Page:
Dean Ryan’s Express

So, Chris Paterson just played over 50 minutes at stand-off for Gloucester. As I type this, he came off the pictch seemingly to be replaced by a streaker. Mossy missed two conversions (that with hindsight would have sealed victory), fluffed a couple of restarts – the commentators review said his performance was “mixed”. Not the ideal preparation for the man who we hope will fire our attacking ambitions against Ireland next weekend – he was given his chance, and didn’t shower himself in glory. What, Chris Paterson missed kicks? But then so did Phil Godman in Edinburgh’s narrow loss to Munster, and he wasn’t known for his kicking in the first place – though it seems vastly improved. Do we dare take the same risks at international level?

Mossy will probably get the nod, and it’s probably about time he was given a shot, even if it’s not clear that he is ready for all that the role of international 10 will demand of him. Godman may also not be ready. But can they really offer us less in attack than Parks? Southwell still offers a good tactical kicking option, with Paterson or Godman able to cover the fullback’s space when that’s going on. So at least one of them should be brought in, if you ask me. Meanwhile on the same Cherry and Whites team as CP, you have Alisdair Strokosch and Rory Lawson, Scotsmen in the form of their lives, who will probably not even get slots in the starting 22.

“Stroker” has the problem of playing in Jason White’s position. But White has looked off-colour thus far, and if the Scotland team were truly picked on form it would be hard to argue against giving the ex-Edinburgh man his chance at the 6 shirt. He offers power going forward, enthusiasm for the workload and crunching, crowd-pleasing tackles – sound familiar? Of the other possible occupants (if you were to bench the current captain), neither is a natural 6 – indeed Hogg seems to be coming on to a bit of form at 8, his preferred position, so I would argue he should stay there, and make it a coin-toss between Brown and Strokosch at 6.

Rory Lawson finds himself in another of Scotland’s few areas of genuine depth, scrum half. Al (and my dad) may disagree with me, but Mike Blair has done little wrong thus far in the tournament. Mind you, he hasn’t done anything truly brilliant either – on a par with his team mates. For me Blair still offers a better attacking threat than Cusiter with ball in hand, and the number of try saving tackles he has made for club and country proves him sure in defence too. Still if you wanted a cross between Cusiter and Blair – nuggety defence, a good break, barking at the forwards and swift distribution to boot, for me Lawson might be the go-to guy. (Might it may be time to retire the scrum-half as terrier metaphor? Bill McLaren, we salute you.)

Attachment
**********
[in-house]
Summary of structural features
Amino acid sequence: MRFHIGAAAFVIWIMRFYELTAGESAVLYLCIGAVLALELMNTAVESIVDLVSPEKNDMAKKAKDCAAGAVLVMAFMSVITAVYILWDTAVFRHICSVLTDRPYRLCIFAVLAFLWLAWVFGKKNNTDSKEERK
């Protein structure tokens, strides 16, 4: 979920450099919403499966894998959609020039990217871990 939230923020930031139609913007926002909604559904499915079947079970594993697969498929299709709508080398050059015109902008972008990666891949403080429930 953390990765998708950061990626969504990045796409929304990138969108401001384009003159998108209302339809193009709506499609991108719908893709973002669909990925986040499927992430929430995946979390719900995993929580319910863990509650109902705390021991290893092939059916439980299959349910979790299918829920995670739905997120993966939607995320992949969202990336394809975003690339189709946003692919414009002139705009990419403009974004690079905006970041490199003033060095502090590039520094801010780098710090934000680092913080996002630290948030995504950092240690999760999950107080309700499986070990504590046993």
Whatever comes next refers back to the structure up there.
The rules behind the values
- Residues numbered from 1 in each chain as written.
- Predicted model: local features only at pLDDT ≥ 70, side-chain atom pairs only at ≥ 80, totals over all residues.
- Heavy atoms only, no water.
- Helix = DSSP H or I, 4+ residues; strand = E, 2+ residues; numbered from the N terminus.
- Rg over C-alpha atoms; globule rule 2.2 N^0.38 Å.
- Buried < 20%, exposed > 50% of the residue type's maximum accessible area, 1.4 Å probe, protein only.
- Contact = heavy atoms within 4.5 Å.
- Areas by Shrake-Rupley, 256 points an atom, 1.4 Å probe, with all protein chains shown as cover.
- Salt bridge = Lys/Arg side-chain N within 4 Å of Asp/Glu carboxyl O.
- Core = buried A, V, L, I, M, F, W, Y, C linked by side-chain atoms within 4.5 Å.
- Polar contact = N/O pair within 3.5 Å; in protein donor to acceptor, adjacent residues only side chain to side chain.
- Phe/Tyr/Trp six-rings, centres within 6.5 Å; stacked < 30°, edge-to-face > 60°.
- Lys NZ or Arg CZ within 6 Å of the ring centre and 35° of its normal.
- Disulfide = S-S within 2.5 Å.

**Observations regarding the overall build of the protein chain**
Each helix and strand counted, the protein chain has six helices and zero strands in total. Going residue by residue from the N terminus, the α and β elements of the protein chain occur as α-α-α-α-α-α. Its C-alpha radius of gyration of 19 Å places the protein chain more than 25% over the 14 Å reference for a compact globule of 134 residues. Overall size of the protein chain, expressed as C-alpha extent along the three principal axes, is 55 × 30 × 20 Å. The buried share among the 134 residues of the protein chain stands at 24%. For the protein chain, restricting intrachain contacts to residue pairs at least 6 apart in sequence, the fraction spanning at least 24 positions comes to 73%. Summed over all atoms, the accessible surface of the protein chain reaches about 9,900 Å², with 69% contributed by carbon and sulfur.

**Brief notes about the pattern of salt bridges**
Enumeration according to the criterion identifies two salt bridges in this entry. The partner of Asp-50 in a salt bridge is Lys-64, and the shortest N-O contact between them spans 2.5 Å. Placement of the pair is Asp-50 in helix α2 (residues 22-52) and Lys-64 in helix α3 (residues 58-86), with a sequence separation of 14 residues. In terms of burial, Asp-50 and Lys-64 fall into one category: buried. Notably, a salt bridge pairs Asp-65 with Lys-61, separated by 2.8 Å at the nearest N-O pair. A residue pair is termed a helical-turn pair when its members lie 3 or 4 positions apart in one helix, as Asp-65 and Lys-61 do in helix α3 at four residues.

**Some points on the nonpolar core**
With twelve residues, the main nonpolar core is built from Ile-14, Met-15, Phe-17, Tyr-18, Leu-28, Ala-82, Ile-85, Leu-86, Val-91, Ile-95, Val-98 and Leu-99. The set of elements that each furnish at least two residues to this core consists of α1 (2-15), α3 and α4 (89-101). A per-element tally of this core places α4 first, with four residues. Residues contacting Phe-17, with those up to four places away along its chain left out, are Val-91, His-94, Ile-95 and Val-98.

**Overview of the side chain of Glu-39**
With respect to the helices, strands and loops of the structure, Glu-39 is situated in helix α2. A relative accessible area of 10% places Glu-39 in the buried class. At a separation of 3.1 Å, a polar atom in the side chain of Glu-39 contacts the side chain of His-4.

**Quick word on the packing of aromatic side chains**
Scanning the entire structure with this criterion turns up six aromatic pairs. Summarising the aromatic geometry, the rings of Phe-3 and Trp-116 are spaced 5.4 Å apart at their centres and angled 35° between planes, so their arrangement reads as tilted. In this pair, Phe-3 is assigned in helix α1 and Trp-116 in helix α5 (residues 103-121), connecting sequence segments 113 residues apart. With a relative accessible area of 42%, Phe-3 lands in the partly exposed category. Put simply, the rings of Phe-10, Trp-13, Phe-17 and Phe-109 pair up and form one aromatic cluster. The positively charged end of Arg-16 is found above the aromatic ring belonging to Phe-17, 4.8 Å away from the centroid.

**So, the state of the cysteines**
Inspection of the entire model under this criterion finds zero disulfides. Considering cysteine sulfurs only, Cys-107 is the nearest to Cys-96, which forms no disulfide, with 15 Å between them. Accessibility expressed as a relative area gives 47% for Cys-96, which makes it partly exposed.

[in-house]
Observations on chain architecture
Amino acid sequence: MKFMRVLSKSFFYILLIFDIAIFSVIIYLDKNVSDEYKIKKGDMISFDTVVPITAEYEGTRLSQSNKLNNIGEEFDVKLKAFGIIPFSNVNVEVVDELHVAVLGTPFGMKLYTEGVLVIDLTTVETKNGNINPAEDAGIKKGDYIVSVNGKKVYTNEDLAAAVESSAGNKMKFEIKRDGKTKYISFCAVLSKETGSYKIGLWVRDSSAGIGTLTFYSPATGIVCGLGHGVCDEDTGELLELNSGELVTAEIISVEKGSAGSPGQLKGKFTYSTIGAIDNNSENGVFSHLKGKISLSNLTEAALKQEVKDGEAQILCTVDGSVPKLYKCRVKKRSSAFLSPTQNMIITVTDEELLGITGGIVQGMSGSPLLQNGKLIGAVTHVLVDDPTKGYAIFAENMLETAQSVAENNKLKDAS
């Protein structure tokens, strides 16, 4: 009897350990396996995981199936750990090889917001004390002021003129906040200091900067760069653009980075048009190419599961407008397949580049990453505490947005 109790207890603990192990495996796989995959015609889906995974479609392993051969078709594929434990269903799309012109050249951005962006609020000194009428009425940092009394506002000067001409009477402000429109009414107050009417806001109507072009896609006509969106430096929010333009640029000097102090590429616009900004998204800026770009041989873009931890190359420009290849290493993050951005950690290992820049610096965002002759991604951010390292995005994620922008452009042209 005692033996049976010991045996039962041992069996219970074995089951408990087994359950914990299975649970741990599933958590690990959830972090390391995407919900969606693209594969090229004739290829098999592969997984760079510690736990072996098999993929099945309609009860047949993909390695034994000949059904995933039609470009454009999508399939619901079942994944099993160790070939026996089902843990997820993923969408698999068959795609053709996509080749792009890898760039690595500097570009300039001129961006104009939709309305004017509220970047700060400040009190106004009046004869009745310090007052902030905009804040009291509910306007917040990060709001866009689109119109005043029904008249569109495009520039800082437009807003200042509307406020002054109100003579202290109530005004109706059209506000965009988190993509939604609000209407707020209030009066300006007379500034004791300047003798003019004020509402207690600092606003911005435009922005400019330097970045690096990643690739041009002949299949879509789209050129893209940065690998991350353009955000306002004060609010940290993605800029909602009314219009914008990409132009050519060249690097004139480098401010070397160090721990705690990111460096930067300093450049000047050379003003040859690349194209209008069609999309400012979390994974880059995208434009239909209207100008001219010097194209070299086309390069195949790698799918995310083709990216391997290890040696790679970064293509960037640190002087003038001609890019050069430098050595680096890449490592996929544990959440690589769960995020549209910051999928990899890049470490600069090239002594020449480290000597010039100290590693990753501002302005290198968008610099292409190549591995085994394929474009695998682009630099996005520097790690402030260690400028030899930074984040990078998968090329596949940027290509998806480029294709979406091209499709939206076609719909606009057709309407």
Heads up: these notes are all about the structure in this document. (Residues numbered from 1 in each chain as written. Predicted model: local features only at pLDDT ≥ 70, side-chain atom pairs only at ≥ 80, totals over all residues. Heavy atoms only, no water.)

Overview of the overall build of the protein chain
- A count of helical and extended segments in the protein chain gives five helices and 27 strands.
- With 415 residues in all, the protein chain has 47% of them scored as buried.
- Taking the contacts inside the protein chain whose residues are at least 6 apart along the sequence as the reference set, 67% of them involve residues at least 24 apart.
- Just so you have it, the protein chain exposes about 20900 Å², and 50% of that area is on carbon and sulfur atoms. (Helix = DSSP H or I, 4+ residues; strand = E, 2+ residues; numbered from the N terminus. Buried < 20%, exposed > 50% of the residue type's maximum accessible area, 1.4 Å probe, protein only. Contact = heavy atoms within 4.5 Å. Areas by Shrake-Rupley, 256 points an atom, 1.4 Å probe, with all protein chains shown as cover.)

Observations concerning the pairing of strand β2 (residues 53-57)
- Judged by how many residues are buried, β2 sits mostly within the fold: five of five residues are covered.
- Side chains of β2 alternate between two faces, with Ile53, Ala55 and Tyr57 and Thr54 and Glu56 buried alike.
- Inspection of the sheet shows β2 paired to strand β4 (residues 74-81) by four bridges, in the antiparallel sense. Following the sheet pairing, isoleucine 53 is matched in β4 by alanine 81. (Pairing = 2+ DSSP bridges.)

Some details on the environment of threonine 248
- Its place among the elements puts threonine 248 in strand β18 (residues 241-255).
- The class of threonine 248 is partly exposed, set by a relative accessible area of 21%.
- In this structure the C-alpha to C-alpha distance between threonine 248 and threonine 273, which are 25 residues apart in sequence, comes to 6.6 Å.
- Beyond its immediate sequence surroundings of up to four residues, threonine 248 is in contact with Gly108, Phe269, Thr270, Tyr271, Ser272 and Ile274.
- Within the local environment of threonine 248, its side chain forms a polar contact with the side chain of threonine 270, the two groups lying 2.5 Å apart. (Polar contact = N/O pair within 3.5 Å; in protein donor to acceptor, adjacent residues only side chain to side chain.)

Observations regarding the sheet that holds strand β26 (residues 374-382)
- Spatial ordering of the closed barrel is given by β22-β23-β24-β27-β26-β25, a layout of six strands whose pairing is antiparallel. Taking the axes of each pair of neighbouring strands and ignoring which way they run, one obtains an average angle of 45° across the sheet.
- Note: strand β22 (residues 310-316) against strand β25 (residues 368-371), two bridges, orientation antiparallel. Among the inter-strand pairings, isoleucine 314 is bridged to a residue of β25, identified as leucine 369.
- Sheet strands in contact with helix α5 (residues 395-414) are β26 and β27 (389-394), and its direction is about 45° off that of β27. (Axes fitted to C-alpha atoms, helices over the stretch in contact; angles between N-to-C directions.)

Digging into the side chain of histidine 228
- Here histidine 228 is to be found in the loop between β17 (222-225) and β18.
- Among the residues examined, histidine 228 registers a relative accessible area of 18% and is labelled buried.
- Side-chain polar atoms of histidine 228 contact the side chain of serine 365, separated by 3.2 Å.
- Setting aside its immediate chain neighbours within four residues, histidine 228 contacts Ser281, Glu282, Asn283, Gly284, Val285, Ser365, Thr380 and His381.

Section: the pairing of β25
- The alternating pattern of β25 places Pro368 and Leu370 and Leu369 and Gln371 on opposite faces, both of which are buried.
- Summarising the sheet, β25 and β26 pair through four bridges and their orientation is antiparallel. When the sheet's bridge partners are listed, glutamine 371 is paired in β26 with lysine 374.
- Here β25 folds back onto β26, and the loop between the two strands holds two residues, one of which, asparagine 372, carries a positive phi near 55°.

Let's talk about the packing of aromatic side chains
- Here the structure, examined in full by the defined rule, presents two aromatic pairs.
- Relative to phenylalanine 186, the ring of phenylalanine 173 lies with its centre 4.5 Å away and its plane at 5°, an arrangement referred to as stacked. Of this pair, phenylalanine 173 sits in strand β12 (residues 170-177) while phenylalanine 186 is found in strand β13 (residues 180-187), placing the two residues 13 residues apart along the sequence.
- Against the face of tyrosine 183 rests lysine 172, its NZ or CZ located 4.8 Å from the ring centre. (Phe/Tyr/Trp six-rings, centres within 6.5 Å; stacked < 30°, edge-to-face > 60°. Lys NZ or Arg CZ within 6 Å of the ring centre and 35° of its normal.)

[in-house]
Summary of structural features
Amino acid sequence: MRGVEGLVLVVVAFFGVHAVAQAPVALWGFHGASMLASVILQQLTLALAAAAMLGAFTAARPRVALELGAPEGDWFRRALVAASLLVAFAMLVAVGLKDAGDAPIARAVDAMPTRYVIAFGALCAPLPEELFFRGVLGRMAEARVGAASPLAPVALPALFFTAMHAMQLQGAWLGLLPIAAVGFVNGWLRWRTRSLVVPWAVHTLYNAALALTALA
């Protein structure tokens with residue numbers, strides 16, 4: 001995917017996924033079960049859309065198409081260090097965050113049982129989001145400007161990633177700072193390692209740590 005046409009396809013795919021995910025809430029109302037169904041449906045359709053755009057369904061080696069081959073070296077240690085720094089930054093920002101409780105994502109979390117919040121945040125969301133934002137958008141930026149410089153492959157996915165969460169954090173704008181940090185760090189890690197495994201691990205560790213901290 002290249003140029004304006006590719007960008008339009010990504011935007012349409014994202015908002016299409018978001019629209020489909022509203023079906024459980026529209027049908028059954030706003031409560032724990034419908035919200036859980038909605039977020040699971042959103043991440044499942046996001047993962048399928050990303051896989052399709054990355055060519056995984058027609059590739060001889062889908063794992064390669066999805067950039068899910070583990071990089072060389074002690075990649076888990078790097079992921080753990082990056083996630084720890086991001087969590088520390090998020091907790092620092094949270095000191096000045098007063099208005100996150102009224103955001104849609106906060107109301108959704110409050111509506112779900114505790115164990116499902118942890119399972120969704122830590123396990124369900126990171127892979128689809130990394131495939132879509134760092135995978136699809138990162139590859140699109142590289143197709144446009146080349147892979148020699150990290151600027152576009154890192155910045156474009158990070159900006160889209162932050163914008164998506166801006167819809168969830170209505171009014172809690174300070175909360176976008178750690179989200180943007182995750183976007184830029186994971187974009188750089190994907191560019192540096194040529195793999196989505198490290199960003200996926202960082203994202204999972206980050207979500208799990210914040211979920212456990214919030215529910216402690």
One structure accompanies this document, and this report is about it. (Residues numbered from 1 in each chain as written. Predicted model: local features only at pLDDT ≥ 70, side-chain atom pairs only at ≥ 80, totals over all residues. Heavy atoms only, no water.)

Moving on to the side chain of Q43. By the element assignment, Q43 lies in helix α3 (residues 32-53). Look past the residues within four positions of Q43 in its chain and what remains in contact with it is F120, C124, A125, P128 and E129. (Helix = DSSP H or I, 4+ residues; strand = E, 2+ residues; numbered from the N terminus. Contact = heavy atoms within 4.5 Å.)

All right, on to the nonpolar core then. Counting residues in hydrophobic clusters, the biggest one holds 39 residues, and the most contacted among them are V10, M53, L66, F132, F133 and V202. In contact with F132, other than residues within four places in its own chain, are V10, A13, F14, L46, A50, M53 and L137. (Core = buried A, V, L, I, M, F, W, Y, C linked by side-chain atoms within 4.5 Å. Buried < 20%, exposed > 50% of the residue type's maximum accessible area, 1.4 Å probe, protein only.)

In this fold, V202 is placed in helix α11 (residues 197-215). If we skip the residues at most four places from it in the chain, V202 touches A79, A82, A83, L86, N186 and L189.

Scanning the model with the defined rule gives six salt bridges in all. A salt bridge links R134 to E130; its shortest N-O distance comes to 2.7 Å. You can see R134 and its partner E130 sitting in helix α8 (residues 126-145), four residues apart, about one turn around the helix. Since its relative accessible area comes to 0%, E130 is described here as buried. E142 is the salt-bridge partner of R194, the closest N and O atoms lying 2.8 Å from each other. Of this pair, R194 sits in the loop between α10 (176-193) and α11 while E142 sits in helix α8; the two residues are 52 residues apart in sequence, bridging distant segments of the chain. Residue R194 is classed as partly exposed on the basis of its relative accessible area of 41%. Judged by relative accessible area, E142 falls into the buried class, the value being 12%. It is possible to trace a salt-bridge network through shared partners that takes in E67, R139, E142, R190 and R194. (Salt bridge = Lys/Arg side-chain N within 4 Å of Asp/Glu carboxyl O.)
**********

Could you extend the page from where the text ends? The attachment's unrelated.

So basically it seems to come down to the old question regarding selection – change for changes sake? Bring in the young guns all at once, or drip feed them into the team to build their experience but keep some steady heads? Which approach will keep the media, the bosses or the supporters yearning for a sense of direction at bay the longest? Does it mean we will have to wait for Nick De Luca to settle in (or be dropped) before Rennie, or Cairns, or Beattie or Evans get their turn in a Scotland shirt? Lievremont picked almost a whole team of tyros for France, and said “go out and play”. The guys I just mentioned, as well as Lawson or Strokosch, would certainly fit into an old Frank Hadden team, the ones that just went out and played, freeing the shackles of the overly prescriptive Williams era. You could argue that what you do is blood them all early on in an easy game, then drip feed the seasoned pros back into the team as the tournament goes on. It seems to be working for France, to get the results that every coach needs to ensure he has the time to oversee his own masterplan to fruition in time for the next World Cup or Six Nations, the building blocks of coaching careers. But for Scotland there are no longer any easy games in the Six Nations. And that’s the final question:

Does Frank Hadden have his own masterplan?

UPDATE: check out Gloucester Rugby for a report on the game.

One comment on “Dean Ryan’s Express

  1. Jonny on

    Frank has his own little world where Marcus Di Rollo is his lapdog, Jim Hamilton is his bouncer, Gavin Kerr is his cook and Dan Parks is his butler.

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